Environment

Carbon Dividends: A Plan for Earth’s Survival that Can Survive U.S. Politics?

Published by Anonymous (not verified) on Wed, 31/07/2019 - 11:55pm in

Yves here. Carbon dividends are a way to create support for setting a price for carbon. None other than those starry-eyed granola heads at Financial Times called for setting a price for carbon in 2007. Pigovian taxes (ones meant to discourage activity, like transactions taxes) should typically not be seen as revenue generators, since you […]

More Than 160 Environmental Defenders Were Killed in 2018, and Many Others Labeled Terrorists and Criminals

Published by Anonymous (not verified) on Wed, 31/07/2019 - 2:29am in

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Environment

Victoria Tauli-Corpuz, the United Nations special rapporteur on the rights of Indigenous peoples, was disturbed to learn that her name had been included on a list of “terrorists” allegedly affiliated with the Communist Party of the Philippines and its armed wing, the New People’s Army.

Authoritarian President Rodrigo Duterte had imposed martial law on the island of Mindanao in May 2017, when ISIS sympathizers attacked the predominantly Muslim city Marawi. By October, ISIS had been ousted, but martial law remained in place. Tauli-Corpuz, who is Filipina and a member of the Indigenous Kankanaey Igorot people, saw the emergency suspension of rights transform into a tool to go after the Indigenous Lumad people, who have stood in the way of Duterte’s industrial priorities in the region, including agribusiness, coal extraction, and gold mining. In the two months after the ISIS conflict ended, the military’s harassment and violence reportedly displaced 2,500 Lumad people.

Tauli-Corpuz and Cecilia Jimenez-Damary, the U.N. special rapporteur on the human rights of internally displaced people, released a statement that December demanding that the Philippine government halt all human rights abuses against the Lumad, including killings and violent attacks carried out by members of the armed forces, and bring those responsible to account.

A few months later, the Duterte administration placed Tauli-Corpuz on a list of 600 so-called terrorists as part of a petition filed in court seeking to declare the Communist Party and its armed wing as terrorist organizations. Human Rights Watch declared the petition a “virtual hit list,” citing the “long history in the Philippines of the state security forces and pro-government militias assassinating people labeled as NPA members or supporters.”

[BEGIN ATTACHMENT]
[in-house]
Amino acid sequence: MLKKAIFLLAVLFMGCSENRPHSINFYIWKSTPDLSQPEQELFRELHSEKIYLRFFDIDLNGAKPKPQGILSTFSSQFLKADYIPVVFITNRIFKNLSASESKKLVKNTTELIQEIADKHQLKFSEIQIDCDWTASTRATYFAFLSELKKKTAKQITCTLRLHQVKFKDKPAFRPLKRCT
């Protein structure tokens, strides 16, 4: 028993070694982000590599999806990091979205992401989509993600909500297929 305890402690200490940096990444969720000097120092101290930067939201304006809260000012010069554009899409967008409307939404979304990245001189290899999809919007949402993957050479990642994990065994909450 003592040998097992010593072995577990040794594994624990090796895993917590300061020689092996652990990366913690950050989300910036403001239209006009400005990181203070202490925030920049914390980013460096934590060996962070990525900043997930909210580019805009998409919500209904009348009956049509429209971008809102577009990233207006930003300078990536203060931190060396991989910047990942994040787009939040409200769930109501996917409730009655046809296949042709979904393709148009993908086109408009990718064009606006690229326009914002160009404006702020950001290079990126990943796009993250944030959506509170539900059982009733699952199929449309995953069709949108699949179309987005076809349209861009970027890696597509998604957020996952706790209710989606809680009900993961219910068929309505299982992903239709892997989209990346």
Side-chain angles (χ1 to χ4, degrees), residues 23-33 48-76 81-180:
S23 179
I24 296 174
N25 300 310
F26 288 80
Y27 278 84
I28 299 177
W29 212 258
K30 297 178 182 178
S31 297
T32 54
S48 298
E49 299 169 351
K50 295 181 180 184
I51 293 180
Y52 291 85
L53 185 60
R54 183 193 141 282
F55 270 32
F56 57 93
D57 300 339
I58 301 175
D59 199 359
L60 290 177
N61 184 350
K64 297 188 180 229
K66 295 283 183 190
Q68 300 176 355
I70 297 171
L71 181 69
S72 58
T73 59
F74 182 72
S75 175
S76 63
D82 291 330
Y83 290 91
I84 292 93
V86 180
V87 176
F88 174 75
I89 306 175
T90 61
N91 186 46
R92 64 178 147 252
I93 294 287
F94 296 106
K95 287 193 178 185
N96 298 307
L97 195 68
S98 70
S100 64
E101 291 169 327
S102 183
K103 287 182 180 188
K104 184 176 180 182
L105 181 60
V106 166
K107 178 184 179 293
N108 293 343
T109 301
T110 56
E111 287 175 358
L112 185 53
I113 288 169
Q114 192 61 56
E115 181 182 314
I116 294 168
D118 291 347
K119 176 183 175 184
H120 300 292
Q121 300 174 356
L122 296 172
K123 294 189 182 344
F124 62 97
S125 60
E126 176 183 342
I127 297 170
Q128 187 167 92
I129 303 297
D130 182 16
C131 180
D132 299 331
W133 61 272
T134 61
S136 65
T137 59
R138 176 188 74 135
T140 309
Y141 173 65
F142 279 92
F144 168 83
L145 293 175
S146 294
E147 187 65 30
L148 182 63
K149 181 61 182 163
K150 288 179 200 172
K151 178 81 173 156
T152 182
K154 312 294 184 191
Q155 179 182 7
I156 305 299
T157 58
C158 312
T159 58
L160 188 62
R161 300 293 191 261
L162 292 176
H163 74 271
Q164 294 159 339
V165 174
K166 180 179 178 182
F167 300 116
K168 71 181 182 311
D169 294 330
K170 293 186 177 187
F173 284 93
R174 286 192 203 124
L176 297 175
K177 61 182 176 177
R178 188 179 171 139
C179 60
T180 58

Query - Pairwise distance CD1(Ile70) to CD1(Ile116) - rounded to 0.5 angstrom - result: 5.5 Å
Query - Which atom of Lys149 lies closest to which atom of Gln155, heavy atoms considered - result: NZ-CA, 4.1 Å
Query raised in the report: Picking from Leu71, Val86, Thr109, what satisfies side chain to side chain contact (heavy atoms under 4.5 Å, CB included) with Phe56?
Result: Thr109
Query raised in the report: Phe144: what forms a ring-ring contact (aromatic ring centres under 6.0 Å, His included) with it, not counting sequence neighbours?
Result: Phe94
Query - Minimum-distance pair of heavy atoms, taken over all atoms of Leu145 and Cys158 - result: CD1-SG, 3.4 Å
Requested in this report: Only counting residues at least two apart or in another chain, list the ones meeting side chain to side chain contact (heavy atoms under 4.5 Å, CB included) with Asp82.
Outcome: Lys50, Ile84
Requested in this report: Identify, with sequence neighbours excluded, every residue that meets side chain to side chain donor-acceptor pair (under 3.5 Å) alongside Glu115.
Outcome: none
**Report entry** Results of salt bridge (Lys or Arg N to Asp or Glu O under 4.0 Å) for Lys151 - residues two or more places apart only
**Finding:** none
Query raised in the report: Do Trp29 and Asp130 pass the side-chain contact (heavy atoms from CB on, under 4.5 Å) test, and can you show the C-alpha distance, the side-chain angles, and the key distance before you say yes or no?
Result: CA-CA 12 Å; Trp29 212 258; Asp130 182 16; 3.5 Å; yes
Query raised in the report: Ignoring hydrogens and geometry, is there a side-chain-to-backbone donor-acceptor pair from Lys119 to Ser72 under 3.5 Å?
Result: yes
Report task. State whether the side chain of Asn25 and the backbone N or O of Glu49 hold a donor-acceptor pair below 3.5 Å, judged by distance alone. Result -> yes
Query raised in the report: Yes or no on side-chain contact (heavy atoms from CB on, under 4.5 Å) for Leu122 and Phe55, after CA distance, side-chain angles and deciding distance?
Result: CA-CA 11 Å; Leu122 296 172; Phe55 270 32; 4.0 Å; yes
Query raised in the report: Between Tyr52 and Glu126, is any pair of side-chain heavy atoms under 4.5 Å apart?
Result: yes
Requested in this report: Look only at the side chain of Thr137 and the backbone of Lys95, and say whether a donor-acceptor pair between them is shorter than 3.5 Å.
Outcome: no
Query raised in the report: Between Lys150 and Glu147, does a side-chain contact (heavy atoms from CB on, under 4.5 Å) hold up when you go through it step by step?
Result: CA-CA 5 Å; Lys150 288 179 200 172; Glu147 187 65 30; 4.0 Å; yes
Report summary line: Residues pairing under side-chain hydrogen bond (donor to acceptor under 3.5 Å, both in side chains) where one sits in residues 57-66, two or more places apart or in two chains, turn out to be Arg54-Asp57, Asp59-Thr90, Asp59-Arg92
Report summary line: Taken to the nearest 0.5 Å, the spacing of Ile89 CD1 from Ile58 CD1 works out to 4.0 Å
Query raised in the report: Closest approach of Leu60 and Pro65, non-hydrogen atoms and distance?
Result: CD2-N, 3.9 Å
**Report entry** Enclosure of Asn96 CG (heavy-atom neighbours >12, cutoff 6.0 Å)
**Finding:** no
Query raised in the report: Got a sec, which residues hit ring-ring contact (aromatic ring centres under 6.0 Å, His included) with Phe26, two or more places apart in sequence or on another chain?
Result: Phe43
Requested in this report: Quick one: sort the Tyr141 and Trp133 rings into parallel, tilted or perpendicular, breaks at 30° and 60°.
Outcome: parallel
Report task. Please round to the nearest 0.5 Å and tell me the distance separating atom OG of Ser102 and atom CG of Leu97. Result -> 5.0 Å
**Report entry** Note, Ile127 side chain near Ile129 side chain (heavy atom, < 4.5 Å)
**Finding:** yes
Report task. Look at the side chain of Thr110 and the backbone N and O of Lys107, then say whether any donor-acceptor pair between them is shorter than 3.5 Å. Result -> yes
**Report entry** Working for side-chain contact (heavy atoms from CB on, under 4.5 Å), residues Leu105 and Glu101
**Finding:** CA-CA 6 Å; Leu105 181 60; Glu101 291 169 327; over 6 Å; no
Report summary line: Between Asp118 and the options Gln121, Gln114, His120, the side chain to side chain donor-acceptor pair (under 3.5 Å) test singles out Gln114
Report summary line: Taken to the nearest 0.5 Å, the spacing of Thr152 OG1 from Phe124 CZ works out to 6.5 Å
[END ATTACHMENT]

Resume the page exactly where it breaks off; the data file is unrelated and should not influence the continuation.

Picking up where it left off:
Fearing for her safety, Tauli-Corpuz left the country. As she saw it, Duterte was once again using anti-terrorism rhetoric to attack the Lumad people and obtain access to their territory — this time by undermining a key international protector.

UN special rapporteur on rights of indigenous people Victoria Tauli-Corpuz presents results after a ten-day visit to Ecuador, at a hotel in Quito on November 29, 2018. (Photo by Cristina VEGA / AFP)        (Photo credit should read CRISTINA VEGA/AFP/Getty Images)

Victoria Tauli-Corpuz, U.N. special rapporteur on the rights of Indigenous peoples, presents results after a visit to Ecuador at a hotel in Quito on Nov. 29, 2018.

Photo: Christina Vega/AFP/Getty Images

Thirty land and environmental defenders were murdered in the Philippines last year — more than in any other country, according to a new report released by the nonprofit Global Witness. But murder only represents the extreme end of the spectrum of abuses faced by those fighting to protect their homes, forests, and rivers against the encroachment of destructive industries. For land defenders across the globe, a simple smear campaign — such as labeling an advocate a terrorist — can end with someone discredited, in prison, or dead. Any of the three results has the same effect: to eliminate a barrier to agribusiness, dam projects, or extractive industries.

For the first time since Global Witness began releasing its annual reports in 2012, the organization has included a section on criminalization, in which governments and private interests create, change, or reinterpret laws to transform once-legal activities into criminal acts.

“Criminalization is done to put fear into the hearts of people so they will stop protesting. For Indigenous people, this is a very serious action because when they criminalize a leader, then the whole community or organization gets paralyzed,” Tauli-Corpuz told The Intercept. “That’s what it’s intended to do — it’s intended to repress freedom of association and the freedom of people to express their own views.”

Many Deaths Go Unrecorded

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Image: Courtesy Global Witness

In 2018, Global Witness documented 164 killings worldwide of people fighting to protect their land and ecosystems from destructive industries. Nearly a quarter of those murdered were Indigenous. And more than a quarter of the killings were associated with opposition to mining and extractives industries.